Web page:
CHARLES HIBBERT METCALF.
Charles Hibbert Metcalf, one of the public-spirited citizens of Girard, was for many years actively identified with the commercial interests of the town, but is now living retired. A native of Illinois, he was born in Greene county on the 12th of October, 1855, and is a son of James D. and Brunette (Mason) Metcalf, both natives of Kentucky, as were also his grandfathers, William Metcalf and Dr. George B. Mason. In 1856 James D. Metcalf brought his wife and family to Macoupin county and located in Girard, where he first engaged in the drug partnership with Mr. Savage for a time and subsequently with Mr. Bellamy. On disposing of his interest in the grocery store he turned his attention to the lumber business as a member of the firm of Andrews, Macknett & Metcalf, but his last years were devoted to banking, conducting what was then known as the Girard Bank, but now the State Bank of Girard. His demise occurred in 1887.
Charles Hibbert Metcalf obtained his preliminary education in the public schools of Girard, after the completion of which he attended Eureka College. In 1874 he began his business career as an assistant in his father's store, in which he bought a third interest three years later. Dr. B. F. Clark was associated with his father at that time, but in 1886 Charles Hibbert Metcalf bought his interest also, becoming two-thirds owner. Subsequent to the death of his father, which occurred the following year, he withdrew from commercial enterprises, disposing of his stock to George B. Hobson, since which time he has lived retired.
On the 11th of January, 1877, Mr. Metcalf was united in marriage to Miss Mary Bellamy, of Girard, a daughter of B. R. and Elizabeth (Bailey) Bellamy, the father a native of Kentucky and the mother of Pennsylvania. three children have been born of this union, as follows: Edith B., who is now the wife of Dr. W. W. Van Wormer and has become the mother of two children, Charles Metcalf and Mary Elizabeth; Laura B., who married S. P. Kramer of Kansas City; and Essie B., the youngest member of the family.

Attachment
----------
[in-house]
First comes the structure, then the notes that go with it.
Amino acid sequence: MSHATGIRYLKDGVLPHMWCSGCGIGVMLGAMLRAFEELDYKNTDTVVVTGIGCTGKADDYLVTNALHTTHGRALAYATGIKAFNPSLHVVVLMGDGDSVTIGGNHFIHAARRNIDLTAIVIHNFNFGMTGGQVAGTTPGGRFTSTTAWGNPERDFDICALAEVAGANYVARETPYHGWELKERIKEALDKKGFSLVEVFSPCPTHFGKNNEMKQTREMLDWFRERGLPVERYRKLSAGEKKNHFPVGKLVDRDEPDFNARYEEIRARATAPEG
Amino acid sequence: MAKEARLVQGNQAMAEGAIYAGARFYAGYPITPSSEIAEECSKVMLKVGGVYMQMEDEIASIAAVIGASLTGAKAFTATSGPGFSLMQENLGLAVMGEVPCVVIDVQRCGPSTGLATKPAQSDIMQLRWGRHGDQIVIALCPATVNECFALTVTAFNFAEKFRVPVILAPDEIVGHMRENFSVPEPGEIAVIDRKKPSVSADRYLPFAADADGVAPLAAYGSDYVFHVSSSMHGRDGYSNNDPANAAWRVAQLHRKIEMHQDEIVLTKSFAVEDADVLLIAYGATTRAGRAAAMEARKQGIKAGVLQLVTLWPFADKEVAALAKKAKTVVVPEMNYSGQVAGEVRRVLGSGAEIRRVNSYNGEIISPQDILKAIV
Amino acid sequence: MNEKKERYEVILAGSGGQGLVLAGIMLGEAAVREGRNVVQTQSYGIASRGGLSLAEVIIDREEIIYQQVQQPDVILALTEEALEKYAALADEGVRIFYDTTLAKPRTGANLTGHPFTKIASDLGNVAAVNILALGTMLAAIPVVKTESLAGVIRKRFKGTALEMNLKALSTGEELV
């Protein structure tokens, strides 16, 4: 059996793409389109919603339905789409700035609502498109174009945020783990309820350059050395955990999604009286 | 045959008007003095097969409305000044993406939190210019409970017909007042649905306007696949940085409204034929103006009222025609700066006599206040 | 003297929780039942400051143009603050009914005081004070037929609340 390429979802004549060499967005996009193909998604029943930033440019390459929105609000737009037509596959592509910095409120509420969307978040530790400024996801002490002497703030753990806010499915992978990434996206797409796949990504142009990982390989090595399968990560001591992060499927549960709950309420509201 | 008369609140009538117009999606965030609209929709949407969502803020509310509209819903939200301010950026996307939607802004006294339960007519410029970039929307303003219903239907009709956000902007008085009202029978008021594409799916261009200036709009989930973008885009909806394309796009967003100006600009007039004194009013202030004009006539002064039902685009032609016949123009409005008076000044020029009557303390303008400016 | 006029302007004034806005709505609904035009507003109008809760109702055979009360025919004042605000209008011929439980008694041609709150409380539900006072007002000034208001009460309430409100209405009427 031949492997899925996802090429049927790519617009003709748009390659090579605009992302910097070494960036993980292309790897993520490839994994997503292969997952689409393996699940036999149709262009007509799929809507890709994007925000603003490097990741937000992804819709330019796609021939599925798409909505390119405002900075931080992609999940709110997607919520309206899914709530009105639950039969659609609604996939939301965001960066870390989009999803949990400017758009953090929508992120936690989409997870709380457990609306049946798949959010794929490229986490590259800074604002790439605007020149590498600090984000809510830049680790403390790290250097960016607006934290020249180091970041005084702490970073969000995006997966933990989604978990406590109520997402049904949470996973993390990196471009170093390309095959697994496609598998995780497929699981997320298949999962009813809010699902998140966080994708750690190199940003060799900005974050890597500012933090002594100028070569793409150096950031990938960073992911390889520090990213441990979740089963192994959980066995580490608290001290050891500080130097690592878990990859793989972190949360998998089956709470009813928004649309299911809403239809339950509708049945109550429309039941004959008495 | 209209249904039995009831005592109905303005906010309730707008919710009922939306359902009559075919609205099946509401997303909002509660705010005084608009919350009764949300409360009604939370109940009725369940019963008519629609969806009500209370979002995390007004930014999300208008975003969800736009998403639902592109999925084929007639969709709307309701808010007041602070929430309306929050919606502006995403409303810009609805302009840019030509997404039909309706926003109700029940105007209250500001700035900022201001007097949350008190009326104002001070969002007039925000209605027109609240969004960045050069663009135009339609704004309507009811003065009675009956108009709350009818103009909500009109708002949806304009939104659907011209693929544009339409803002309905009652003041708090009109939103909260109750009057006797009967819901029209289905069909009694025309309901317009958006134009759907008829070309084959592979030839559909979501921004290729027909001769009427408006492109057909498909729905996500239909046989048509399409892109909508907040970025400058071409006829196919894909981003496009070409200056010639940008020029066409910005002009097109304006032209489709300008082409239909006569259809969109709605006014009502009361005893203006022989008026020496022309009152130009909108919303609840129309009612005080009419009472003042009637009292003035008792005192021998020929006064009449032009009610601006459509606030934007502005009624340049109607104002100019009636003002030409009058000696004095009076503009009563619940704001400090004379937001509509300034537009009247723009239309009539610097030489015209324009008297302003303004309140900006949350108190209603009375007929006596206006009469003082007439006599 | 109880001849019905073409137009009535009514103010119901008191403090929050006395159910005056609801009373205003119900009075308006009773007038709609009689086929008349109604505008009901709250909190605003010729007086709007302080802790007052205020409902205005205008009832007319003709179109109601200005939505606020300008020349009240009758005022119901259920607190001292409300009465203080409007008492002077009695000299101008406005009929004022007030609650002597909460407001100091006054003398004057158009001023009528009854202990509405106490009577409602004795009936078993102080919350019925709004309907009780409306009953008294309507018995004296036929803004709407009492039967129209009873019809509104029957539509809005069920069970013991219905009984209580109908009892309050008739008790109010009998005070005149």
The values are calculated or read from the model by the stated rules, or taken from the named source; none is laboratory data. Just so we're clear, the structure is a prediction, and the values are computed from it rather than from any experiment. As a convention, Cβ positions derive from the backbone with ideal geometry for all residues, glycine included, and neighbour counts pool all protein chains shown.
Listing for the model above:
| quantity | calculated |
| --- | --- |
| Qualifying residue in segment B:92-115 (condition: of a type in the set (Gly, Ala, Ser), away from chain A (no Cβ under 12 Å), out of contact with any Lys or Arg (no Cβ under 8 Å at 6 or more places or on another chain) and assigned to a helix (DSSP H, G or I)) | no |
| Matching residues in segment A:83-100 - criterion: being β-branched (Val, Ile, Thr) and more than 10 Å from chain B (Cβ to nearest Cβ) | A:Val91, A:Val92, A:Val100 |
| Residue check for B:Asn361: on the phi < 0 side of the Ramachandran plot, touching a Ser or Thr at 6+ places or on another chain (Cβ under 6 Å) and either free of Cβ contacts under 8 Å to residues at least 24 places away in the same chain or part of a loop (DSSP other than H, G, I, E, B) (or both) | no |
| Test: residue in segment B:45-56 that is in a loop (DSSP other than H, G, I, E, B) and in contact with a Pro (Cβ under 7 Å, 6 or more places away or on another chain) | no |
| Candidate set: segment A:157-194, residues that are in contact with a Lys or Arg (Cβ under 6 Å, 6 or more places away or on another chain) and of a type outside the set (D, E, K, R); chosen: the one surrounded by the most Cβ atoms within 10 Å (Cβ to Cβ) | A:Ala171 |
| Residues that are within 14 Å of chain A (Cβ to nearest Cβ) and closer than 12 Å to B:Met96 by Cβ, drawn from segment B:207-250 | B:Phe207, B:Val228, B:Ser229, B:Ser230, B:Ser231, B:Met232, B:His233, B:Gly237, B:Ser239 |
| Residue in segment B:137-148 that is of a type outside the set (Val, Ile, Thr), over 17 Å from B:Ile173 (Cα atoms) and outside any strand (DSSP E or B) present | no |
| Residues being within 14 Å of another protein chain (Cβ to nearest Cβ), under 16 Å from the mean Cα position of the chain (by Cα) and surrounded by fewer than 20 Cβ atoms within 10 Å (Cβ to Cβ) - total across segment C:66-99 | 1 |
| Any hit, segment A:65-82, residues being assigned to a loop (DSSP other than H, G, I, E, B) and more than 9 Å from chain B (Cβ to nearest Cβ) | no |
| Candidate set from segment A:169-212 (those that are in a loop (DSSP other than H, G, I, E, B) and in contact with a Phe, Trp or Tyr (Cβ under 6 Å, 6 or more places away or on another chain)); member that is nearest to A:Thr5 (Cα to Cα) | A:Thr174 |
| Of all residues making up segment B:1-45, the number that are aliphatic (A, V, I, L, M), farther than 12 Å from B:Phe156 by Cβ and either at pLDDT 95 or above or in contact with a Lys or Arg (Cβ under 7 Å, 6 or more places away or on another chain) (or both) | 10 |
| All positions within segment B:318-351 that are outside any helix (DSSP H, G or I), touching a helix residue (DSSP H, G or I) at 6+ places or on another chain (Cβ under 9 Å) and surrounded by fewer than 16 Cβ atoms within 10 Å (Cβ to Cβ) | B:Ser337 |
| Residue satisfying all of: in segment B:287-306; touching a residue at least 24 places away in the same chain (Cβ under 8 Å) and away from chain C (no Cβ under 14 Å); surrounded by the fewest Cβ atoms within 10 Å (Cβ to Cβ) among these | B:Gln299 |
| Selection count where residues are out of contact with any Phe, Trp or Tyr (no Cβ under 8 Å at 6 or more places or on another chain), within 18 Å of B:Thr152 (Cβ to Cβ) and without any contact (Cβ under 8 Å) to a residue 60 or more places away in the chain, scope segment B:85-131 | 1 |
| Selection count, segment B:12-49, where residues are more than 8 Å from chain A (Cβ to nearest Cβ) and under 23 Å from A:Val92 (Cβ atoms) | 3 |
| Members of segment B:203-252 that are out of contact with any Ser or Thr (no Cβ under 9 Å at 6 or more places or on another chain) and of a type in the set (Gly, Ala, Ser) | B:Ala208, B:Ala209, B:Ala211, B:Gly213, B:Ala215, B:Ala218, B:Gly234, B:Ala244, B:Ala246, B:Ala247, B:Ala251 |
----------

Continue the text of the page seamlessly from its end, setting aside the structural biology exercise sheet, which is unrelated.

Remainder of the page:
The family were reared in the faith of the Christian church, of which Mr. Metcalf has been a member for thirty years. he takes an active and helpful interest in the work of the organization and is now serving as deacon, in addition to which he is also acting as collector of the official board. Politically he is a republican and has always prominently participated in all municipal affairs. He was at one time a member of the township central committee and from 1902 to 1907 president of the school board. In 1907 he was elected mayor of Girard, which office he held for four years. During that time it was voted to close the saloons, for despite the fact that the town had had from six to eight saloons, for twenty-three years it was heavily in debt. Although this cut off quite a percentage of the income, five miles of cement sidewalk were laid, the property owners paying for everything but the street and alley crossings. The city bought the electric light plant, which was not giving very efficient service, installed two new boilers and did considerable wiring, while many minor improvements were made. A fire engine costing twenty-five hundred dollars was also purchased and the fire department was greatly improved thereby. Notwithstanding the large expenditure of money and the reduced income when Mr. Metcalf retired from the office, the city had paid up all of the old indebtedness as well as for the improvements and the interest on the electric light bond, and he turned over to his successor twenty-two hundred dollars. This fact clearly demonstrates what it is possible to do in any municipality when the funds are handled conscientiously and judiciously. Fraternally Mr. Metcalf is a member of Girard Lodge, No. 171, A.F. & A.M., and was one of the original members of Hiawatha Lodge, K.P., in which he filled all the chairs and was also a representative to the grand lodge of the state. He is held in high regard in Girard, where he has a host of warm friends, the majority of whom have known him from boyhood.